Emerald Lake – Crowsnest Pass

Emerald Lake – Crowsnest Pass

Emerald Lake is pretty alpine lake (elevation is 1,330m) right next to Highway 3 near the Crowsnest Pass, on the border between British Columbia and Alberta. The lake is connected to the larger Crowsnest Lake by a stream. We decided to stop at the Emerald Lake side of the highway because we could see there was a short trail around the lake (whereas on the Crowsnest Lake side, you can’t really walk far.) It was a really pleasant place to stretch our legs during our road trip.

Emerald Lake – Crowsnest Pass – the basics

Distance: 1.8km
Elevation gain: 120m
High point: 1430m (at the parking area – the lake is 100m lower)
Time: Less than an hour
What to bring: You don’t need much – swimming things might be good on a hot day.
Facilities: Loos at the trailhead and picnic benches
Dogs: Dogs friendly
How hard is it? Easy

Emerald Lake mini hike map

Emerald Lake – Getting Started

There is an easy-to-find parking area on the south side of highway 3 here. From there it is only 200m walk down to the lake. You arrive at the west side of the lake, on the old Highway 3 (from before it was rerouted in 1978.) From there, you can follow a slightly dicey trail straight down the shale to the lake shore.

Is the trail easy to find?

There is a trail all around the lake, but it is not maintained, and can be a little dodgy in some places as you weave between trees and slide on the limestone shale. It’s not hard to follow, but don’t expect anything like the amazing maintained trails from nearby Waterton Park.

Amazing views

I think this might be one of the easiest alpine lakes I have ever visited. It’s not really a wilderness experience (because you’ll hear trucks roar past on the highway.) But the surrounding mountain scenery is impressive for so little effort. To the north (below left) you’ll see Whale Mountain. To the south are the enormous limestone cliffs of Sentry Mountain.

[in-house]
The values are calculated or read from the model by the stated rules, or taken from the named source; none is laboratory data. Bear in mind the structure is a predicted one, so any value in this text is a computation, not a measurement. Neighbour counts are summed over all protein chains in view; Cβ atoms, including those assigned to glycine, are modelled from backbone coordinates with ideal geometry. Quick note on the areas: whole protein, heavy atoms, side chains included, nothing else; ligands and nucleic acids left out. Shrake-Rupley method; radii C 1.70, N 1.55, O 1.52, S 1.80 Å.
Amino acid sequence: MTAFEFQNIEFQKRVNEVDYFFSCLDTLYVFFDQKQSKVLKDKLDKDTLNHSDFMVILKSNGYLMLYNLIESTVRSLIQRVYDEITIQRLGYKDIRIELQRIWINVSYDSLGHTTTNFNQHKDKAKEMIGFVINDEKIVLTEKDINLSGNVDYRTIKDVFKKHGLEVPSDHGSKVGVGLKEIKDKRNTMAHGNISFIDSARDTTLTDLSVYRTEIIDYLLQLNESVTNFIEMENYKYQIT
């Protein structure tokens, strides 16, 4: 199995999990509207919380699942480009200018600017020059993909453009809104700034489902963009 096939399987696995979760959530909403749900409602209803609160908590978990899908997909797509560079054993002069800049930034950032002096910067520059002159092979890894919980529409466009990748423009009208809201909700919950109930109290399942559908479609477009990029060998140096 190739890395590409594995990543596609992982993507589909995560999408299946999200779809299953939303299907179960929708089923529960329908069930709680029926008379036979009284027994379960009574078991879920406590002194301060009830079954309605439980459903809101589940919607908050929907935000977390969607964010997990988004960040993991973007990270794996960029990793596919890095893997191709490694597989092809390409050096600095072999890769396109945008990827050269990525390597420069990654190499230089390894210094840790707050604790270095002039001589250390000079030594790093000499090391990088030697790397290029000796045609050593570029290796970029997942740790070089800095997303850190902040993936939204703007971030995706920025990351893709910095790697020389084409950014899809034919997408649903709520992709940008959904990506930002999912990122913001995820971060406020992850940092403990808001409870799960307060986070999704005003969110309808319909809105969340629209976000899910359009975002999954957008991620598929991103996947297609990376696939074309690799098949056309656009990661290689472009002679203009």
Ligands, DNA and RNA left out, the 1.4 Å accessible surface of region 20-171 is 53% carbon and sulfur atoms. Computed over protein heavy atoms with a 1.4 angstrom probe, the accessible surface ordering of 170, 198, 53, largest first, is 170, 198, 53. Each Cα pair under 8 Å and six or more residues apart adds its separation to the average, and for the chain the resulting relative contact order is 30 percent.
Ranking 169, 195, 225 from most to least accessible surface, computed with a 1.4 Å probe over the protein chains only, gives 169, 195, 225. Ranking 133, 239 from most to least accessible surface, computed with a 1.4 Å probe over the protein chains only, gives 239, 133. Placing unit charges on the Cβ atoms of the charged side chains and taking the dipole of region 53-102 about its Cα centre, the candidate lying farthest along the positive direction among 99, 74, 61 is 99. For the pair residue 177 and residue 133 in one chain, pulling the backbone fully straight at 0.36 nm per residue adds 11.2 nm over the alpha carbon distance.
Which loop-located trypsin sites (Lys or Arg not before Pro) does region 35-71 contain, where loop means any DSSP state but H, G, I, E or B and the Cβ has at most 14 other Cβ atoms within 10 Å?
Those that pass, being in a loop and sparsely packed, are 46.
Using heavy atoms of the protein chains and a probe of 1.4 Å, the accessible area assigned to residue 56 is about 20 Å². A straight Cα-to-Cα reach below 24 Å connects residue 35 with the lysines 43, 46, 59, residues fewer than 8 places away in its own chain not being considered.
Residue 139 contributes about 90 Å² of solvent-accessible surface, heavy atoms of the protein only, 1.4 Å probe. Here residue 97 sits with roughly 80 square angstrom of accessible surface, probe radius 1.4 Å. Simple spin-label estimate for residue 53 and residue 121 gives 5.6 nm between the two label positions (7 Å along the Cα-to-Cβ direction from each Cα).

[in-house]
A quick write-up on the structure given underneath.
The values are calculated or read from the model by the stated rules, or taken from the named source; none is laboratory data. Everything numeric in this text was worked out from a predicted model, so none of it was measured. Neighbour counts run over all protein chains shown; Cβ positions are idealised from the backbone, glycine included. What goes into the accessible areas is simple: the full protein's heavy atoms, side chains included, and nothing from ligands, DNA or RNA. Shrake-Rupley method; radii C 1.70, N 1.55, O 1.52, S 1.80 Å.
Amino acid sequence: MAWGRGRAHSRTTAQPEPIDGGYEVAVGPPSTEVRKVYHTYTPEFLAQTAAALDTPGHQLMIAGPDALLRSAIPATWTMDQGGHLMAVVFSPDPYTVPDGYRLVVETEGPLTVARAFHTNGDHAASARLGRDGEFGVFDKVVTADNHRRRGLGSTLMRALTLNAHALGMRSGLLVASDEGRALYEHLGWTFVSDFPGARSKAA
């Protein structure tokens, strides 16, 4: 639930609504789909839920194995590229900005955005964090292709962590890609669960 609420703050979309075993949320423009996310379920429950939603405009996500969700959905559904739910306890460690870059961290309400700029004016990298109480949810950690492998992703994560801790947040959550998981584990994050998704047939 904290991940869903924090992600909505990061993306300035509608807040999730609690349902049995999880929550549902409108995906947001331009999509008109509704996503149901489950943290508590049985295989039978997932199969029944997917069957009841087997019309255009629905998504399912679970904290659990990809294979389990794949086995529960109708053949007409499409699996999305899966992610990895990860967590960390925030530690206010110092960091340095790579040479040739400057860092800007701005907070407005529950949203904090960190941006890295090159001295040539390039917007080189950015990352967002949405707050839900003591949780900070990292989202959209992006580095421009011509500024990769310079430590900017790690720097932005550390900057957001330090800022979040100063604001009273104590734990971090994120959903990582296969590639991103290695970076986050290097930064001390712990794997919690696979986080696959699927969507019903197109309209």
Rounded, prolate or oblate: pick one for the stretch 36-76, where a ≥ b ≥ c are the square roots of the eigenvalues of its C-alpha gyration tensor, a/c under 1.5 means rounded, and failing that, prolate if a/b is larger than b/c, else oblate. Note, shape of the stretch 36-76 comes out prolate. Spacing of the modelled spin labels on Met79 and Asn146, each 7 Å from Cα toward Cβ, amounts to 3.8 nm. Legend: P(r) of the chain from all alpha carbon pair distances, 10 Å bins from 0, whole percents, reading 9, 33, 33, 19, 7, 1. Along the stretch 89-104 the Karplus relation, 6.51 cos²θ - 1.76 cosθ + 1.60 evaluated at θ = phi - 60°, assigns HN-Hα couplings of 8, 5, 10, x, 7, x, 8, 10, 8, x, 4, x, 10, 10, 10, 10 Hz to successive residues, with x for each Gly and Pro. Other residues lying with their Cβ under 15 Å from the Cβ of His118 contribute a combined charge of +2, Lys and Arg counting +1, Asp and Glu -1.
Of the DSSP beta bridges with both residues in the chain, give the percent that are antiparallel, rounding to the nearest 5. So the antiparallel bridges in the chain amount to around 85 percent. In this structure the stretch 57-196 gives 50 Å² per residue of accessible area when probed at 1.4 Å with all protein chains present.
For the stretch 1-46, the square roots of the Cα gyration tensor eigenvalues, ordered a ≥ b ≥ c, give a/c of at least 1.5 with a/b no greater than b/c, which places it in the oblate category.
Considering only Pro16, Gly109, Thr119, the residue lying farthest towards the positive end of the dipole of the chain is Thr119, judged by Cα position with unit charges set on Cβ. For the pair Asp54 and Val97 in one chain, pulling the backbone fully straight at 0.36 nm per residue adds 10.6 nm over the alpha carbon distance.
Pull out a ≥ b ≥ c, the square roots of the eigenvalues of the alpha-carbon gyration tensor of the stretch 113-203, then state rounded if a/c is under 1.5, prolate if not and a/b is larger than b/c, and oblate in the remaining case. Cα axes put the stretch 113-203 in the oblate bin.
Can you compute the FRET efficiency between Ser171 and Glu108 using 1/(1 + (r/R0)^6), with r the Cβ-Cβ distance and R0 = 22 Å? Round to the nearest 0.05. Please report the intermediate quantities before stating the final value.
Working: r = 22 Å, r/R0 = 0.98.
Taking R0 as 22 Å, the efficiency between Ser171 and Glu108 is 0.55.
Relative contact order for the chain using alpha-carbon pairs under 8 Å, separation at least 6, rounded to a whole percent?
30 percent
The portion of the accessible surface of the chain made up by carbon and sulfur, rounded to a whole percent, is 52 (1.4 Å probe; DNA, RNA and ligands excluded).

Emerald colours

The first thing you’ll notice about this lake is the beautiful colour. This is from the rockflour (teeny particles of ground up rocks, normally eroded by glaciers) suspended in the water. You can see the colour due to the way the light refracts off the water, so it changes dramatically depending on the direction of the sun.

Close up to Highway 3

On the north side of the loop you need to cross the stream under Highway 3. In the summer this was very easy, but I imagine the water might be higher in the springtime. From here, look back towards Sentry Mountain for these gorgeous views.

Crowsnest Lake

We went over to peek at the beautiful Crowsnest Lake. Apparently this lake is so deep it swallowed up some booze-filled train boxcars after they were was derailed during the prohibition era. Two divers went searching for the missing train and found a Chevrolet from 1929. Later they also found the train’s boxcars, but no booze.

Crowsnest Mountain views

My favourite part of the walk was on the west side of the lake, where you can see Crowsnest Mountain off in the distance. The rocky mountain on the opposite side of Crowsnest Lake is Whale Mountain. It looks more whale-y from here.

Crumbly rocks

The area around Crowsnest Pass is made up of limestone and shale, which often break down into crumbly, slopes of scree, that gather next to steep mountain slopes or in valleys. There is a massive scree slope between the car park and Emerald lake, as well as along the southeast side of the lake, so be careful.

Other things to see

In the summertime, someone had left some rock art on the old highway. But if you visit in early spring, you might get to see a seasonal waterfall – Lower Sentry Cave Falls at the southern end of the lake. If we go back, I’ll try to climb up to that cave.

I’ll finish with this lovely view of Crowsnest Mountain over Emerald Lake. Even if you don’t fancy walking around the lake, I think it’s worth stopping in the area just for this scenery.

Emerald Lake is a pretty area to stop and go for a swim, or to stretch your legs and see pretty views if you are on a road trip through the Crowsnest Pass. This lake is only a fraction as famous as the Emerald Lake in Yoho National Park, BC. Still, sometimes it is nice to see less famous places that are only really popular with locals. This is a good’un.

10 thoughts on “Emerald Lake – Crowsnest Pass

  1. Crowsnest Lake looks absolutely stunning. I can’t believe how clear the water is. Thanks for sharing all your recommendations and tips for visiting this place.

  2. Both Emerald Lake and Crowsnest Lake look incredible. It’s amazing how much natural beauty there is so easily accessible. I can’t wait to visit Canada next month and experience some of this spectacular scenery!

  3. Ah, one of my favorite hikes in the U.S. is also Emerald Lake (in Rocky Mountain Natinal Park! :] ). It looks so pretty here too! I love the color of the water — very aptly named!

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